Bored of sit-ups? Try these six ‘deep-core’ exercises to strengthen your abs instead

Boost your balance and stability by building a seriously strong core with this 18-minute equipment-free workout

A woman performing a deep core exercise on a yoga mat outside
(Image credit: Getty / Oleg Breslavtsev)

Your abs form part of your core—a section of mid-body muscle that improves your balance and performance. Which is why if you want a comprehensive core workout, many six-pack abs sessions barely scratch the surface.

Instead, try these six deep core moves from certified personal trainer Tanya Poppett, which hit important midsection muscles often missed by sit-ups and crunches.

You don't have to splash out on fancy equipment to give it a go either—the only thing you'll need is a pillow, although a yoga mat is useful for extra protection against hard floors. 

To try Poppett's workout, perform 10 repetitions of each exercise (except the dead bugs, where you'll do five). If it's a single-sided movement, perform 10 repetitions on either side of your body.

Work through the six exercises as a circuit, resting as little as possible between them. Complete three rounds of this circuit for a session that should take about 20 minutes. 

If you're new to deep core training, watch Poppett demonstrate each exercise in the videos below to learn how they should be performed. 

Watch Tanya Poppett's deep core workout

Unlike a HIIT workout for fat loss or intense outdoor run, Poppett's workout won't leave you as a sweaty mess. "The best thing about these moves is you can do them in front of the telly," she jokes.

Instead, it helps you build functional muscle using core strengthening exercises, which can lead to plenty of health benefits. Working these muscles boosts your stability, which helps with everyday tasks like carrying the groceries. 

And it'll also boost your performance in full-body compound exercises like squats and lunges, as your core connects your upper and lower body. Plus, stronger core muscles can reduce strain on your lower back.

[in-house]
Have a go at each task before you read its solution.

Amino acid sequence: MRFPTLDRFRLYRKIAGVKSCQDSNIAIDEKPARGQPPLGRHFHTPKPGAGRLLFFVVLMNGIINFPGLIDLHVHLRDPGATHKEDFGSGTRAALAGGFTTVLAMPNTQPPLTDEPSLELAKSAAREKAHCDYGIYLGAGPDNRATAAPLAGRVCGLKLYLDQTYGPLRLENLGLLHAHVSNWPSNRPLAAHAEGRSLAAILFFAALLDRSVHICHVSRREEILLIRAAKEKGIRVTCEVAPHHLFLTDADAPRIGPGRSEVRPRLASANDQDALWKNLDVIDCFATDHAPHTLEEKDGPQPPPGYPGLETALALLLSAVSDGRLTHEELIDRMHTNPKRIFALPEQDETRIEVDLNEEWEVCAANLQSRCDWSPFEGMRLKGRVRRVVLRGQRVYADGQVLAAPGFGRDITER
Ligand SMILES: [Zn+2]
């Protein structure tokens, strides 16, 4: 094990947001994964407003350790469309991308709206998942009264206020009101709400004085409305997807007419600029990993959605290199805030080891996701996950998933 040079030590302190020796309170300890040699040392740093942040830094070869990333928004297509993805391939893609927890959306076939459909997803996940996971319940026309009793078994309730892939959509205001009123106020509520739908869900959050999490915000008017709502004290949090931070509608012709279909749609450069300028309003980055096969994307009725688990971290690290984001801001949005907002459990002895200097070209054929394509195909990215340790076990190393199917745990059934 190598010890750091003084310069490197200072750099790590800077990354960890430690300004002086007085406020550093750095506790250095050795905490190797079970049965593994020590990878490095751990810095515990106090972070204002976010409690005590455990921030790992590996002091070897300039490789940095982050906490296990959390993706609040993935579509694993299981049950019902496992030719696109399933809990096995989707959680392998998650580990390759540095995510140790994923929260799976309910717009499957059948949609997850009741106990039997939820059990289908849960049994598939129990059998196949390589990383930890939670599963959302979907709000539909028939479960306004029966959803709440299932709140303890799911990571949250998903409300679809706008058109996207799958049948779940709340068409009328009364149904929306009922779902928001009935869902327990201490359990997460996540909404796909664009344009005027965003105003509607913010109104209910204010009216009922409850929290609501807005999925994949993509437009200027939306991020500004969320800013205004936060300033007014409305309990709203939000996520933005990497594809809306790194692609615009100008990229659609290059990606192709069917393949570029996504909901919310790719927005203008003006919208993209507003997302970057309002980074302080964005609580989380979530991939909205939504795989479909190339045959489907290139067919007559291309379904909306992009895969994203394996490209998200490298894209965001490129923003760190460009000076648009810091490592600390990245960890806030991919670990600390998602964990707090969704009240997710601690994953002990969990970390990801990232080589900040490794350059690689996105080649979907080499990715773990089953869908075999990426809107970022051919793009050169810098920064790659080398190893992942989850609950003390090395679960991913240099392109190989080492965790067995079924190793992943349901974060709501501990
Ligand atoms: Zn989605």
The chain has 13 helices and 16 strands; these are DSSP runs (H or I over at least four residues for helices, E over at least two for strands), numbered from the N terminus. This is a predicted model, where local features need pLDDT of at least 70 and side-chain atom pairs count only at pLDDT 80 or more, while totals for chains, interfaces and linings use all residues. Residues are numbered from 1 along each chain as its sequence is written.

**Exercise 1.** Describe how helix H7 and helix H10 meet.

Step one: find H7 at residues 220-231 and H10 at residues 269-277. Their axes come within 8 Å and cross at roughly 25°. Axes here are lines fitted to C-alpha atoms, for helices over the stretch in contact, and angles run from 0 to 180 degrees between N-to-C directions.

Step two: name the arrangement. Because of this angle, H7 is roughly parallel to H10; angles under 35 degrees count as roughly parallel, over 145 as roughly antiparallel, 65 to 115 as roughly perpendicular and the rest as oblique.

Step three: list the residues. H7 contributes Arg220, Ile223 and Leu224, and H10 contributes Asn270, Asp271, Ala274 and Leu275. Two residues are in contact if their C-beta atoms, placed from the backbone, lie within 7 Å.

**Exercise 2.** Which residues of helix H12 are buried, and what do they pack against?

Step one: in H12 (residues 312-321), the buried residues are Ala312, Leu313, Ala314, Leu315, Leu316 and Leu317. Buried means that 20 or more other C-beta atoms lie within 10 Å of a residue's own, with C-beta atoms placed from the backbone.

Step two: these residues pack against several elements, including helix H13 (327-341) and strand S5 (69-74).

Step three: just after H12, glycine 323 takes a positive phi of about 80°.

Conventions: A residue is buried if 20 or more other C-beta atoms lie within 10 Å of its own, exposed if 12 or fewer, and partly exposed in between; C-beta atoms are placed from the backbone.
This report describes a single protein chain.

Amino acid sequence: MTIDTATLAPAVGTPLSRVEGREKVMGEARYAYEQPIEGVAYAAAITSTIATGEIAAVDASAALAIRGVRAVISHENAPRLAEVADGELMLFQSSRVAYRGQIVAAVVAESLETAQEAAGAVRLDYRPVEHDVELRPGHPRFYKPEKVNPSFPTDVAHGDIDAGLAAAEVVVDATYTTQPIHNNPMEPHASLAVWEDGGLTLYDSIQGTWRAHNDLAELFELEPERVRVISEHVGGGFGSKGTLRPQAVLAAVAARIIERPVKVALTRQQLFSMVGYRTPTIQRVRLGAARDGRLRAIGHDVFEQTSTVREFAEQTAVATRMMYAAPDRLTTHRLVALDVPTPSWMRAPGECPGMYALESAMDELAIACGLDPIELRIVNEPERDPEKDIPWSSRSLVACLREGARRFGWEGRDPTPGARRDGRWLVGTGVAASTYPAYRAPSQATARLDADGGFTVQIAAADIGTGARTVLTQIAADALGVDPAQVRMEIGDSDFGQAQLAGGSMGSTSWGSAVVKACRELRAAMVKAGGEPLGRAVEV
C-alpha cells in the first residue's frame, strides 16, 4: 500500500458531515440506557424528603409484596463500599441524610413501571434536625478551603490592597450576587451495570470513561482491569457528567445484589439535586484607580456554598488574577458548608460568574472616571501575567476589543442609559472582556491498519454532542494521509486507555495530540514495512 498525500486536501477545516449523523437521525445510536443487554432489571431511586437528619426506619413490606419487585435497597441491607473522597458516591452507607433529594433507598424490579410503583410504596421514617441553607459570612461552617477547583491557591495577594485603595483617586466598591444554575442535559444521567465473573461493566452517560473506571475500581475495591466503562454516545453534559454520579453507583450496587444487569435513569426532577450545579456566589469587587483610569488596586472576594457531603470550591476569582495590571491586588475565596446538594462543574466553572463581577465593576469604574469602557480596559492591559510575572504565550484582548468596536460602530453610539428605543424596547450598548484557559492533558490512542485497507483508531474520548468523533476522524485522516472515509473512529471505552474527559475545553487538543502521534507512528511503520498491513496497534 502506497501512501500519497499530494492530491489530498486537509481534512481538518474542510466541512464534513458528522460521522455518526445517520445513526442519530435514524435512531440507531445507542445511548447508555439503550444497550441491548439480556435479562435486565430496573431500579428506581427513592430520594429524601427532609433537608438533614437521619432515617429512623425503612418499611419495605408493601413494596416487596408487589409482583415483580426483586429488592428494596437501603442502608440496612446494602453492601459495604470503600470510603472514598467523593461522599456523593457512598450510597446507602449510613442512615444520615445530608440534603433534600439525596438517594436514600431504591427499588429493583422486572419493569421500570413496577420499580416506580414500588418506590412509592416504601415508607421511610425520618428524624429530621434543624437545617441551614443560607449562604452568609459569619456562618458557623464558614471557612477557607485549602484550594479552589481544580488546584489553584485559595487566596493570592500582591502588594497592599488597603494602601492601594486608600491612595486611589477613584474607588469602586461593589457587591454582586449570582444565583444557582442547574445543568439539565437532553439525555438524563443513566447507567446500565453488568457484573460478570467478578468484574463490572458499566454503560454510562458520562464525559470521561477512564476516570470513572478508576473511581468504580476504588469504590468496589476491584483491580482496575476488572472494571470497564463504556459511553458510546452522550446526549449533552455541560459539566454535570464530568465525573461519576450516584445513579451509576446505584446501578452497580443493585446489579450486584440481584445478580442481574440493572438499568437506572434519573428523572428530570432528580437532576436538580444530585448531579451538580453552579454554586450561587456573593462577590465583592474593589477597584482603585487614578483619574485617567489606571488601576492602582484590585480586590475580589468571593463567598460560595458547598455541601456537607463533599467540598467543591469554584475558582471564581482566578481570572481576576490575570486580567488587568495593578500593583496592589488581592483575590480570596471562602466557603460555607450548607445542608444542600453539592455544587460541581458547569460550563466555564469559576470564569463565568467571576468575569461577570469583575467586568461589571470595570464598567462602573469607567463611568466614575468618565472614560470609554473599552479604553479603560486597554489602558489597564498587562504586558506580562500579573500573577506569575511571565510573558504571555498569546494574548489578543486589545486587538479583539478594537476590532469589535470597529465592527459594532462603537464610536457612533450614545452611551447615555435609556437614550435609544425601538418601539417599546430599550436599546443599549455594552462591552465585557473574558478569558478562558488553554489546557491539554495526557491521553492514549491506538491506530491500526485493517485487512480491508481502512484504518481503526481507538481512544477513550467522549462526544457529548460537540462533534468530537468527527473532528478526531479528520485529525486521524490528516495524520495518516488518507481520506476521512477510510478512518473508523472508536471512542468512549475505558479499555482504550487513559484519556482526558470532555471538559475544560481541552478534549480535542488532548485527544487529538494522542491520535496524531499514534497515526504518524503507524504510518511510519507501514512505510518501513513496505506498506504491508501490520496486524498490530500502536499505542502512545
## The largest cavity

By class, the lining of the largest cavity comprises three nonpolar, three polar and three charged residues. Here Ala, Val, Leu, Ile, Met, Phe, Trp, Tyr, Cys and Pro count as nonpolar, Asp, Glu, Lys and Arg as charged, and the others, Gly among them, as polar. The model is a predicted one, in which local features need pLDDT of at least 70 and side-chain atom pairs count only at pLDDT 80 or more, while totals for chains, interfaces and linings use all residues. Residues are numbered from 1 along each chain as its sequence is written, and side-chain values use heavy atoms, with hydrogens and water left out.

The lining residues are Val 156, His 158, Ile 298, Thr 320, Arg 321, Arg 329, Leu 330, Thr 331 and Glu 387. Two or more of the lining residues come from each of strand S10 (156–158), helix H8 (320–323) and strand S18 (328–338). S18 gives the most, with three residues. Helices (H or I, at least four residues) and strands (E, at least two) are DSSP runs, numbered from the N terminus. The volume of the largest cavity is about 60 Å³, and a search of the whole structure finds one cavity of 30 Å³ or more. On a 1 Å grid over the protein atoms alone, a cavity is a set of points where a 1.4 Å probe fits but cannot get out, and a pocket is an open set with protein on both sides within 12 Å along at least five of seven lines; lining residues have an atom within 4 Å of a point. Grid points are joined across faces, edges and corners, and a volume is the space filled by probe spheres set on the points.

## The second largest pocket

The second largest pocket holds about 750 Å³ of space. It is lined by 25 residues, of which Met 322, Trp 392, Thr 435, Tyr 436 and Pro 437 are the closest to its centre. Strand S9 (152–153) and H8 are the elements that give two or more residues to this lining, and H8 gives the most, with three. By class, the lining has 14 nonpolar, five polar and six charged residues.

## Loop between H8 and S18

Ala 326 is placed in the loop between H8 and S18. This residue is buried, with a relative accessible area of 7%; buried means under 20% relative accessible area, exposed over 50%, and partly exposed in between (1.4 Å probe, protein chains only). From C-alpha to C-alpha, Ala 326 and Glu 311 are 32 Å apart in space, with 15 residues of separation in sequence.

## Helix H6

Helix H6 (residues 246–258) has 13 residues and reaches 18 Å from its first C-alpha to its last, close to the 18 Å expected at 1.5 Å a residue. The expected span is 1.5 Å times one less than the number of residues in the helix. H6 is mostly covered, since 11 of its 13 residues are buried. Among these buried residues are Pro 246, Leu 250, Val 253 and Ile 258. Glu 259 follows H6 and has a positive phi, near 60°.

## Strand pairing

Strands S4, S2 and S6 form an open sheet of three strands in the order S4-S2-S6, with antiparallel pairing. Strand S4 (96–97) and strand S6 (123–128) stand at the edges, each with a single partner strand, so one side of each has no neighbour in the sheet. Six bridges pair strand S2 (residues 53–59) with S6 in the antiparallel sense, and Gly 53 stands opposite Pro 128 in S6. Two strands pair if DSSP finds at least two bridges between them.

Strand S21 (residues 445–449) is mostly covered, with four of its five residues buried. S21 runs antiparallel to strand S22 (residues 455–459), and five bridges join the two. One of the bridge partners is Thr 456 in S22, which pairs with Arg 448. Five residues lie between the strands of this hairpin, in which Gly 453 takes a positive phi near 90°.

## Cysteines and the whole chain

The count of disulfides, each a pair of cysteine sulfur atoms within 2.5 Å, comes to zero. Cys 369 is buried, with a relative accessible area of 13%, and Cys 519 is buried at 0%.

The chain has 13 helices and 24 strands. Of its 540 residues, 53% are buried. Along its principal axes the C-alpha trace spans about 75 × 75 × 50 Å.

The use of a pillow, rather than a weighty dumbbell or kettlebell, may seem like a confusing inclusion. This is intended to help you perfect your technique by providing an "external cue." 

For example, during the side lying knee lifts, you are forced to squeeze your thighs together to keep the pillow in place. As a result, the movement has to be activated by your core muscles rather than using momentum by swinging one leg at a time. 

If you want to try more workouts like this one, why not try Sweat app trainer Britany William's eight-move deep core session

Harry Bullmore
Fitness Writer

Harry Bullmore is a Fitness Writer for Fit&Well and its sister site Coach, covering accessible home workouts, strength training session, and yoga routines. He joined the team from Hearst, where he reviewed products for Men's Health, Women's Health, and Runner's World. He is passionate about the physical and mental benefits of exercise, and splits his time between weightlifting, CrossFit, and gymnastics, which he does to build strength, boost his wellbeing, and have fun.

Harry is a NCTJ-qualified journalist, and has written for Vice, Learning Disability Today, and The Argus, where he was a crime, politics, and sports reporter for several UK regional and national newspapers.